Tonight I was reflecting on the prophet Samuel at the beginning of 1 Samuel 16. God asks Samuel how long he intends to grieve for Saul. If you only pick up in the middle of Samuel, it's easy to forget that Saul is still alive at this point. He's just departed so greatly from God's vision (and Samuel's) for him, that God is asking Samuel to get out his anointing kit and go get another king for Israel.
Grieving someone who is still living is hard and painful.
In this Lenten season, I told myself I wanted to focus on forgiveness with regard to a specific situation in my life. In 2009, I had a couple very traumatic life events and someone to whom I was very close abruptly left my life without explanation or goodbye. I haven't heard from or seen this person since.
I've been picking at the scab over this emotional wound. Playing over the events in my mind, wondering what I could have changed, what I should have anticipated, what was my fault, what wasn't.
This wasn't an acquaintance. This was a very, very close friend. Someone with whom I had laughed, made plans, traveled, stayed up late, had adventures, trusted with secrets. This person was the only non-medical person present with me at the birth of my son and the first non-medical person to hold him. Five days later, the person left my life... apparently forever.
How long should I grieve this friendship, this bond, the plans that will never come to fruition? Do I cut off the branch, believing it will never bear fruit again?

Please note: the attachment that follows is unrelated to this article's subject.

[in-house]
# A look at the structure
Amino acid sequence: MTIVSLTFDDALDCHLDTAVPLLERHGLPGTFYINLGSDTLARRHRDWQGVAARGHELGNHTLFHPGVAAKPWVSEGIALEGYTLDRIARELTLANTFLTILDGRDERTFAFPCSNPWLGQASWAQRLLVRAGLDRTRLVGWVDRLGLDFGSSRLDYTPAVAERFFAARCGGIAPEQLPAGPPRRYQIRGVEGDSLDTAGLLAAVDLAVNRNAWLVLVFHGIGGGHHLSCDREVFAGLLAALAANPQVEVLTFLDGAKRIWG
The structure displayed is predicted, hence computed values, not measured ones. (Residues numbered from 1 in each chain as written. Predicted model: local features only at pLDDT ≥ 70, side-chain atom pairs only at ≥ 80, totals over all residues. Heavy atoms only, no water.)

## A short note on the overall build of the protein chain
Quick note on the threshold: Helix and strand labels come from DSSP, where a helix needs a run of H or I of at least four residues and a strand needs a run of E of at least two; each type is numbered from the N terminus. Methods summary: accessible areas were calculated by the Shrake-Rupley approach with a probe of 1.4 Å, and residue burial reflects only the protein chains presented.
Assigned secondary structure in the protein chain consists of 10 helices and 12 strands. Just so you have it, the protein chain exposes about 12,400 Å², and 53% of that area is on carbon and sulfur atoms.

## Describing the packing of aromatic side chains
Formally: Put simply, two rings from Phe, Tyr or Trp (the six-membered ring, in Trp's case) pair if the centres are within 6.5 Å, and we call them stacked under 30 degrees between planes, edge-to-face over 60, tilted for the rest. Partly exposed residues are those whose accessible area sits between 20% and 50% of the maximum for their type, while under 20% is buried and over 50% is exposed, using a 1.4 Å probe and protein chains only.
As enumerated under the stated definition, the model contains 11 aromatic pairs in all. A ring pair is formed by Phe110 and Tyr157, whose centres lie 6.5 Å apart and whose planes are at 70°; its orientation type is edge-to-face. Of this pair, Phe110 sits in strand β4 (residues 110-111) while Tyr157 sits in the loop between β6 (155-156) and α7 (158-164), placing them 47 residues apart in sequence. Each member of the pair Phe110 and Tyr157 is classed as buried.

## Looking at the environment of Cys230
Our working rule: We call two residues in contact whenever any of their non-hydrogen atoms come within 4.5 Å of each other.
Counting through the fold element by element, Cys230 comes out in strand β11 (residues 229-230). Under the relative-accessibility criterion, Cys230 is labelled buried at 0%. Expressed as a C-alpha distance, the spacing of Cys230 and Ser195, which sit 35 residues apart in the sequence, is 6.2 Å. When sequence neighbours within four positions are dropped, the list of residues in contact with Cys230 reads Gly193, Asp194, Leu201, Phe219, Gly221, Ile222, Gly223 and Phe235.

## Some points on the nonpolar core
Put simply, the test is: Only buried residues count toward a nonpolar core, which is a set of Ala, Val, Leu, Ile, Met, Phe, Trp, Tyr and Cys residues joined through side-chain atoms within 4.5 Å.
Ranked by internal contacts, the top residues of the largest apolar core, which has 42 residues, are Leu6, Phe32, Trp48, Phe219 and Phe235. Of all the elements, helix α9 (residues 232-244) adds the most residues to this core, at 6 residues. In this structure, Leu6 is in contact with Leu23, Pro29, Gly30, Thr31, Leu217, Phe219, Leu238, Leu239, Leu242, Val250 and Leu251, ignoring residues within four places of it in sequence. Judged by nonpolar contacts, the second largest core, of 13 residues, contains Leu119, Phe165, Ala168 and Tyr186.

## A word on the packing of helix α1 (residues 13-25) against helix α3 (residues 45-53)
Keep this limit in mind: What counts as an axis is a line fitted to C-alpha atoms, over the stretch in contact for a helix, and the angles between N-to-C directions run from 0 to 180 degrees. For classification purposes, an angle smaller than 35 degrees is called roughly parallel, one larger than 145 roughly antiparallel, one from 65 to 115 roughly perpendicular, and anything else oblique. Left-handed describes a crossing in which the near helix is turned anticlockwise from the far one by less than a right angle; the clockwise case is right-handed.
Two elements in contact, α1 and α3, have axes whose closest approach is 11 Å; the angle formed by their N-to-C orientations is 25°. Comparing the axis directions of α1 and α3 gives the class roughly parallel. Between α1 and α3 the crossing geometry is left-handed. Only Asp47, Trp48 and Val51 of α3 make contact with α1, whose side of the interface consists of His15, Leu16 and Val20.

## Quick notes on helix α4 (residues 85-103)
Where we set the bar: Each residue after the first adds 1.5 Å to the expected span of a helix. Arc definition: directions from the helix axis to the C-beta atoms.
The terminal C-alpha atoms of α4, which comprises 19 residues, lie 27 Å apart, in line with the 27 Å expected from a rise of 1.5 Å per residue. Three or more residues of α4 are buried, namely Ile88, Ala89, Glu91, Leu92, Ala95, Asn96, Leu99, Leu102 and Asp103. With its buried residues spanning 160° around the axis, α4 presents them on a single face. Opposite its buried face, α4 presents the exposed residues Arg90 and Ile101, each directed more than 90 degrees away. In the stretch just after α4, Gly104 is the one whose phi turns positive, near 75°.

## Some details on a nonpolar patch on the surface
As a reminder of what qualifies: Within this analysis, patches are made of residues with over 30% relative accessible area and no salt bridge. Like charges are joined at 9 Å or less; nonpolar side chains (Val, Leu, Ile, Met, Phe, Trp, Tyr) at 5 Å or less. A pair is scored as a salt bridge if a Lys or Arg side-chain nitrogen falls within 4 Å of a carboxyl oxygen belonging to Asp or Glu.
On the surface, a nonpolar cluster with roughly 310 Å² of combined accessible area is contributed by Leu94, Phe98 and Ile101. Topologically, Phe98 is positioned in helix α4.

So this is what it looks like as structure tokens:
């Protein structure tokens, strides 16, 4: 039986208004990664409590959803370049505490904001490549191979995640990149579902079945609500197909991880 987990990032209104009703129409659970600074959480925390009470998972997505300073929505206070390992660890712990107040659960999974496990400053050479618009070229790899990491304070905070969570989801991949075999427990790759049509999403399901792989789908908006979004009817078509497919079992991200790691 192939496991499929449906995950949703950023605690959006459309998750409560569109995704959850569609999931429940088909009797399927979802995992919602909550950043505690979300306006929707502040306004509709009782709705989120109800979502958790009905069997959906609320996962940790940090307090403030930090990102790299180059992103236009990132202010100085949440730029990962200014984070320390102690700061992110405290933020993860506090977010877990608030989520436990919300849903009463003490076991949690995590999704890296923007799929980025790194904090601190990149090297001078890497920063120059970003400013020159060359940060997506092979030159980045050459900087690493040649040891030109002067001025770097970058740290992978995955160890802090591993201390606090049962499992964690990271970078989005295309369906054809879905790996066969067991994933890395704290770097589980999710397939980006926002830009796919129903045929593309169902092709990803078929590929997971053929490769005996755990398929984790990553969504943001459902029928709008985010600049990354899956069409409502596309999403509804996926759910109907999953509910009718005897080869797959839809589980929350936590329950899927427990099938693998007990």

This grief is complicated by additional longing for other people. Additional grieving of living persons. Following a significant church decision last year, several people left our congregation. While I support the decision, I cannot deny that the loss of the members has grieved me. Deeply.
It's not the lower numbers or giving. I miss the laughter that used to echo the halls, the hands that were always there to set up table, the loud amen that let me know a sermon point had hit home.
We still talk about the people who have left. Airing their stories. Pushing their names out of our mouths and remembering the life we shared together. And I don't think I am the only one who grieves, who misses friends and neighbors.
When people die, we may well struggle to make our peace with them and with death. The grieving goes on beyond what we expect and, often, beyond what we imagined we could handle. When we are grieving the living, it's hard to know what to say or how to frame our feelings.
I once heard it said, regarding grief, that your need to discuss it goes on beyond other people's ability to listen to it.
I've found that to be very true.
I think of Samuel, pouring oil over young David's head at God's command. As his hands performed the task, I think his mind probably went back to the last time he'd done the very same thing. He thought of Saul and there was the familiar accompanying twinge.
I miss you.